What's That Bug? does not endorse extermination

Ok ,
I need help…. Bad. I just had both of my hips replaced the last one in Feb. I was out walking in my yard, I live out in the Country in Missouri, near Kansas City. I was swarmed by what I thought at the time was Bees, flying around me. I did my best to try and run, but not good at that as of yet.I just knew I was doomed… Ok, I didn’t get stung. A guy was at my home to work on something and I asked him to go out and see what there were,….BEETLES…. LOTS of Beetles. Close in size to June bugs, not as tall or thick, but length wise close. When flying, I thought they looked like bees, yellow jackets or something. Because they have yellow showing when in flight. When captured…They are a Green Metallic,all across the back,but tipped in yellow, and at the point if you can call it that, of the bottom, they are yellow too. Alsothe under side is yellow around the base of the legs, than metallic green down the leg. (I hate Bugs)Really bad…. Now I have thousands of t
hese beetles, Someone said Japanese Beetles, but in photos,they are shaped somewhat different and are a brownish on the back, these have no red, or brown… Please Help me…. Susan N. Photography Liberty, Missouri

Dear Susan,
I think you have been terrorized by GREEN JUNE BEETLES, Cotinus nitida. Here is some information as well as a drawing I discovered on two websites:

DESCRIPTION
Adult — The beetle is 15 to 22 mm long with dull, velvety green wings. Its head, legs, and underside are shiny green, and its sides are brownish-yellow. Joe Boggs reported that GREEN JUNE BEETLES, Cotinus nitida, are terrorizing backyard gardeners, sunbathers, small pets, etc., as they buzz lawns in southern Ohio. These big, metallic green beetles tend to emerge en masse. Their large size, coupled with an audible "buz
zing" sound and low level flight plan (cruising at about 2 to 3 feet) may induce mild panic in those individuals unfamiliar with this insect. Adults feed on tree leaves as a skeletonizer. Fortunately, they rarely cause significant plant injury. Their primary goal is to locate turf with high levels of organic matter (e.g. thatch) in which to lay eggs. Lawns covered with partially composted manures have also been found to be highly attractive to the adults and they may burrow into cool compost piles, under decomposing manure and into decayed mulch. It has been speculated that this attraction to decomposing organic matter explains why adults tend to show-up in large numbers on certain lawns while ignoring surrounding turf. Unlike other Scarab beetle larvae such as Japanese beetle grubs, green June beetle grubs burrow 10 to 12 inches into the soil and they remain closely associated with these burrows. The grubs do venture out at night, especially after heavy rains, to feed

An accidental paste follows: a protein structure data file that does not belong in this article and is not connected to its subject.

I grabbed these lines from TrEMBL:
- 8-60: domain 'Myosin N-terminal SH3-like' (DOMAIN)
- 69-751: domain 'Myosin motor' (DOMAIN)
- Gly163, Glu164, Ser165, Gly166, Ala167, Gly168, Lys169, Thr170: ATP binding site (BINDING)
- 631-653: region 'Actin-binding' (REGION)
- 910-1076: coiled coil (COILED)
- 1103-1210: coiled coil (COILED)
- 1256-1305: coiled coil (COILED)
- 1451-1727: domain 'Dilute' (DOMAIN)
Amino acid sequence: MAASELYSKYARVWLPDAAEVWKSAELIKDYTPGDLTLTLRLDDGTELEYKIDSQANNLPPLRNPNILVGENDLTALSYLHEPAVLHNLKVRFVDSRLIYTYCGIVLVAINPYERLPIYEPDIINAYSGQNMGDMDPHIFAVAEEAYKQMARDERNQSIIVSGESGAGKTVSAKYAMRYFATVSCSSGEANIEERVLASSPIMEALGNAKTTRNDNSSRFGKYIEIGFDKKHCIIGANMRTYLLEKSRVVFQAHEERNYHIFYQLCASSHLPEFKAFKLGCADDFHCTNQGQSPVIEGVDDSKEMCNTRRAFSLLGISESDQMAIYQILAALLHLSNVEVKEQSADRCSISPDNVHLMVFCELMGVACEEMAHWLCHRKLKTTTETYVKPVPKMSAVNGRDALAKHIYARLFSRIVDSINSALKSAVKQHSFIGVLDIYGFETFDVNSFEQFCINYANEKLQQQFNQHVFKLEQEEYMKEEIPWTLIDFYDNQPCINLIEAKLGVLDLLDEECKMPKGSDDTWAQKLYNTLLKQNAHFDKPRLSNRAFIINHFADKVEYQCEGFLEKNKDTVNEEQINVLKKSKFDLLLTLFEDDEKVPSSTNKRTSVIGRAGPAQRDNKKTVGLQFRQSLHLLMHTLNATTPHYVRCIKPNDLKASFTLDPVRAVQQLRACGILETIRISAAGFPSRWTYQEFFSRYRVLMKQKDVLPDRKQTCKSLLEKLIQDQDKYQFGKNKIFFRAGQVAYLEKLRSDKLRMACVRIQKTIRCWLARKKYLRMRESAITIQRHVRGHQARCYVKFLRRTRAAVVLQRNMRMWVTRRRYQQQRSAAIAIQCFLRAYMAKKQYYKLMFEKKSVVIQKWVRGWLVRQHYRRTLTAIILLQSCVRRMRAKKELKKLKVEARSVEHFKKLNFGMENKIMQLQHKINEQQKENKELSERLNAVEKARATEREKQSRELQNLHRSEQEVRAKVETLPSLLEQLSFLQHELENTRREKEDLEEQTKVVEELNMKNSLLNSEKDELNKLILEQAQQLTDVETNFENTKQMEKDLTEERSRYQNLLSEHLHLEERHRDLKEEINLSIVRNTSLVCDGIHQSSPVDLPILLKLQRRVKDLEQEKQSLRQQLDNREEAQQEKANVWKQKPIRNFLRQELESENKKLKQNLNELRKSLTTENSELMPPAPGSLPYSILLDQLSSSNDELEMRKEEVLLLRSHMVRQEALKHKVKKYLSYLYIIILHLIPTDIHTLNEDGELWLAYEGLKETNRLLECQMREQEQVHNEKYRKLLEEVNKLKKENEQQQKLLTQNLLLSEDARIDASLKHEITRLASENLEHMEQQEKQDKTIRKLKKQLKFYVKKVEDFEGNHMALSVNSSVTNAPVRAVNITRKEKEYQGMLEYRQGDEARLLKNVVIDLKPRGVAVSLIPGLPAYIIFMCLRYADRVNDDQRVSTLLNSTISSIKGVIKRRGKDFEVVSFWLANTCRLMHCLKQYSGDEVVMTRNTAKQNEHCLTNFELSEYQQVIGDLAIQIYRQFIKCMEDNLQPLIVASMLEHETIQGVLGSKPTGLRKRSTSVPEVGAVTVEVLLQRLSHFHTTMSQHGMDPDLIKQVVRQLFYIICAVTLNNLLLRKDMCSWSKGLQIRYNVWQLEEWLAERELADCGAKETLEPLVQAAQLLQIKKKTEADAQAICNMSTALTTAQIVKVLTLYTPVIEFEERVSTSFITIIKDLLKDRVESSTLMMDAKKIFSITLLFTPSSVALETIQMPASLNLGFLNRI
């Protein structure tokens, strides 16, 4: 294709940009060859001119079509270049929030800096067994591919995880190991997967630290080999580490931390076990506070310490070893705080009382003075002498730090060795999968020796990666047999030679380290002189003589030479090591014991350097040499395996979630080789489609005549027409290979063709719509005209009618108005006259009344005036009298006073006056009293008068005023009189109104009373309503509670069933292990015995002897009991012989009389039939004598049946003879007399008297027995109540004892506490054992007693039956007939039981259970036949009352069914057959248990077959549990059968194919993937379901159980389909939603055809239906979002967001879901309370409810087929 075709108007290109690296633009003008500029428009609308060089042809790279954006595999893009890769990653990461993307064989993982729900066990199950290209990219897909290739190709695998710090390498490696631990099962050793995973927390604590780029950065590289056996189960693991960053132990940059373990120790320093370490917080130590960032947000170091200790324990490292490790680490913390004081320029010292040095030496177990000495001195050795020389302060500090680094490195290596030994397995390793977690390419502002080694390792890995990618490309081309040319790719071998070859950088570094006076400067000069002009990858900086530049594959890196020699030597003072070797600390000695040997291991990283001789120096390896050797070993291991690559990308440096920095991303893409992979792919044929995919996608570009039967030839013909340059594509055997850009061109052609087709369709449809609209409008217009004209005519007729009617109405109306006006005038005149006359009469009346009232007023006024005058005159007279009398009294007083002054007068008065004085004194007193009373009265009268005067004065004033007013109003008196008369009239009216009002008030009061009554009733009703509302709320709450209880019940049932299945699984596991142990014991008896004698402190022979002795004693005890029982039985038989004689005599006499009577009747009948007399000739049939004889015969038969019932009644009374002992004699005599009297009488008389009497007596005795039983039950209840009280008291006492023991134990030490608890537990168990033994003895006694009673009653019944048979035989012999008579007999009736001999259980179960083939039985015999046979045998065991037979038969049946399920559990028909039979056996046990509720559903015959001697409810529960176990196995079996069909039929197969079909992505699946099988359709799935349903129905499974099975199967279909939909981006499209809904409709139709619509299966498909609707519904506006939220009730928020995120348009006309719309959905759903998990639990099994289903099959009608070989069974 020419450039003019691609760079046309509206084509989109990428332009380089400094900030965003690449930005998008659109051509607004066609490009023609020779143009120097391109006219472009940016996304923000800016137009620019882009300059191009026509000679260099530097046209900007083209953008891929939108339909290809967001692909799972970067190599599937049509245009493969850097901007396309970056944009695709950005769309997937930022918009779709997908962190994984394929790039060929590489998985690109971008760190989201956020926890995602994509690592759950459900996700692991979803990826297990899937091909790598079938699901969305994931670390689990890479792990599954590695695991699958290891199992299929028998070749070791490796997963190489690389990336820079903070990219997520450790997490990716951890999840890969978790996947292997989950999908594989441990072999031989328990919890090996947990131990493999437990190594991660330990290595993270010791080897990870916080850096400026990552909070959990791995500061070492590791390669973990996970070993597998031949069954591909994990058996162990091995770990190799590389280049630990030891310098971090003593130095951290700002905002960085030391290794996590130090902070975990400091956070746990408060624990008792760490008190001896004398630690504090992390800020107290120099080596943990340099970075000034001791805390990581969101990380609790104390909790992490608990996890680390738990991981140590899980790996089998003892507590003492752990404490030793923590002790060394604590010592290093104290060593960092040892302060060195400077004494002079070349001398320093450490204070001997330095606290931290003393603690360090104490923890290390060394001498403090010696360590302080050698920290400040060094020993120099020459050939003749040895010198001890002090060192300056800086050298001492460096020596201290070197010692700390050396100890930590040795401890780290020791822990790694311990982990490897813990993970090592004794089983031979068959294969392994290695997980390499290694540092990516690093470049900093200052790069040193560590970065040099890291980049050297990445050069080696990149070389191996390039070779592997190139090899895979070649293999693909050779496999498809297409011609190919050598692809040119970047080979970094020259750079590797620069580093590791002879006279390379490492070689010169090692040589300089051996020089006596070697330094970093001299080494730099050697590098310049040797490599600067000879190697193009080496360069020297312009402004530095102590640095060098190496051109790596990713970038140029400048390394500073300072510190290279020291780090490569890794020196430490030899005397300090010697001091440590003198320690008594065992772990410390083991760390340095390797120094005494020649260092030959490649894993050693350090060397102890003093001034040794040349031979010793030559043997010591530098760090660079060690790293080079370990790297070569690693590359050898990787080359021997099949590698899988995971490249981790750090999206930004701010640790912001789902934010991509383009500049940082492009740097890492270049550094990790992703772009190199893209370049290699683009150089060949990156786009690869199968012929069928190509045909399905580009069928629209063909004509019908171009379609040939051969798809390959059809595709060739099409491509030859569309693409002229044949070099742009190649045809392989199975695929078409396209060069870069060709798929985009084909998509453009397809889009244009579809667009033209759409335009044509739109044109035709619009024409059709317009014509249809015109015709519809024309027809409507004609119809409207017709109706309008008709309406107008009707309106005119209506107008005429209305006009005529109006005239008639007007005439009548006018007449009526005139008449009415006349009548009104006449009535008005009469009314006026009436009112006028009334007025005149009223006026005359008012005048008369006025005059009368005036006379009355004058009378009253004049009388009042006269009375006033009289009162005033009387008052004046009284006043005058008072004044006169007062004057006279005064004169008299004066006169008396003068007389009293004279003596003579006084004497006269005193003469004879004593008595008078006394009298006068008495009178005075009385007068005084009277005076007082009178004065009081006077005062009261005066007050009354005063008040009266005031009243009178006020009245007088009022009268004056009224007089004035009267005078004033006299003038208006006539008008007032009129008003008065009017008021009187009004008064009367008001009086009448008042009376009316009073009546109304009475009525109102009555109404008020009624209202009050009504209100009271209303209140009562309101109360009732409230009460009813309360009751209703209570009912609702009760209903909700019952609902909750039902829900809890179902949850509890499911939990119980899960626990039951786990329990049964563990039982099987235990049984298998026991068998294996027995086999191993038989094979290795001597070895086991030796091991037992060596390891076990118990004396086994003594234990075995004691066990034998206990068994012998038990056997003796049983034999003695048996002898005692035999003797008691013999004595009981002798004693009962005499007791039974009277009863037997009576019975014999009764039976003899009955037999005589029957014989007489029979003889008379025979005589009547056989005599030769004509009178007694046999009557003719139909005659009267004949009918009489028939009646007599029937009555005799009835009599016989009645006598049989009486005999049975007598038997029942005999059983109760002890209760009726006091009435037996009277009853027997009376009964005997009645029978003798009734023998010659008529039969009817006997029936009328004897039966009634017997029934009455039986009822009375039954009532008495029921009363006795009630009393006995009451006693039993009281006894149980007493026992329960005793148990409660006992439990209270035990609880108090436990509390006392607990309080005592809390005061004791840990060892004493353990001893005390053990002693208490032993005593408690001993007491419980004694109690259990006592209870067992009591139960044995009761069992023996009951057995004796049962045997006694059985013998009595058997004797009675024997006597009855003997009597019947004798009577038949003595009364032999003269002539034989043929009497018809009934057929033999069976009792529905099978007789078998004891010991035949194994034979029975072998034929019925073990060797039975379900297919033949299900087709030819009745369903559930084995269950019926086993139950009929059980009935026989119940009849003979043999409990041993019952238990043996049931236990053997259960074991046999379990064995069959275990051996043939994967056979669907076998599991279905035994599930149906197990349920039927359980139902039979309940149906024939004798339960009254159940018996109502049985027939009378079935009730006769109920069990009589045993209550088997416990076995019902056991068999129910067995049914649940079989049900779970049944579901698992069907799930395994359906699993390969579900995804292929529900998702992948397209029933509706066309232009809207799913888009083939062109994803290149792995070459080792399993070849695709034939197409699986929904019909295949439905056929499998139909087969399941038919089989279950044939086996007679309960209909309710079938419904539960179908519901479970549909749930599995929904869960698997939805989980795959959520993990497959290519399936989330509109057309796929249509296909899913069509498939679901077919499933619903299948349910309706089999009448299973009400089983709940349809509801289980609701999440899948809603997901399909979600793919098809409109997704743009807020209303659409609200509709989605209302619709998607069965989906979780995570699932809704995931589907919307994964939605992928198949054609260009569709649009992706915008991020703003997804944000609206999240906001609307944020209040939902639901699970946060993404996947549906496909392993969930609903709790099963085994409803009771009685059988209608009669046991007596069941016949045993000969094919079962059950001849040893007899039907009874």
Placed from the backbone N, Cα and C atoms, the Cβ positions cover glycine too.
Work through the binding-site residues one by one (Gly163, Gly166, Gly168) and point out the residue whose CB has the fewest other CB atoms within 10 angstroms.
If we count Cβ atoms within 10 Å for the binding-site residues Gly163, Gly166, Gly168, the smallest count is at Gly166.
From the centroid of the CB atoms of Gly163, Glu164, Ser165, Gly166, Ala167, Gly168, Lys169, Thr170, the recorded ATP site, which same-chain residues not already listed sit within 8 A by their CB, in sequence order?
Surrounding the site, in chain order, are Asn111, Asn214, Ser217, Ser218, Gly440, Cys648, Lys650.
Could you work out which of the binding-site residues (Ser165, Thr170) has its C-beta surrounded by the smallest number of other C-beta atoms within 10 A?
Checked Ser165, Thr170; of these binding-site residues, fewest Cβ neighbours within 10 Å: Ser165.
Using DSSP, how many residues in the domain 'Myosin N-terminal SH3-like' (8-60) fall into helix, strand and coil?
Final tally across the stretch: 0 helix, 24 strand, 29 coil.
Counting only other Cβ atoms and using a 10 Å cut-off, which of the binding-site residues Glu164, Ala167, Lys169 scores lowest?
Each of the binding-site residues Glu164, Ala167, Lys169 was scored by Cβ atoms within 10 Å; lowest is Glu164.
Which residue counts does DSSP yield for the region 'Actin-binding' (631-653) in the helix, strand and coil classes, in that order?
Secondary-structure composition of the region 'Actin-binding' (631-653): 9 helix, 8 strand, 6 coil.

on thatch and other organic matter and they occasionally find their way onto driveways, sidewalks and into swimming pools. Despite their large size, green June beetle larvae seldom cause injury to turf equal to that caused by Japanese beetles or masked chafers.

What's That Bug? does not endorse extermination

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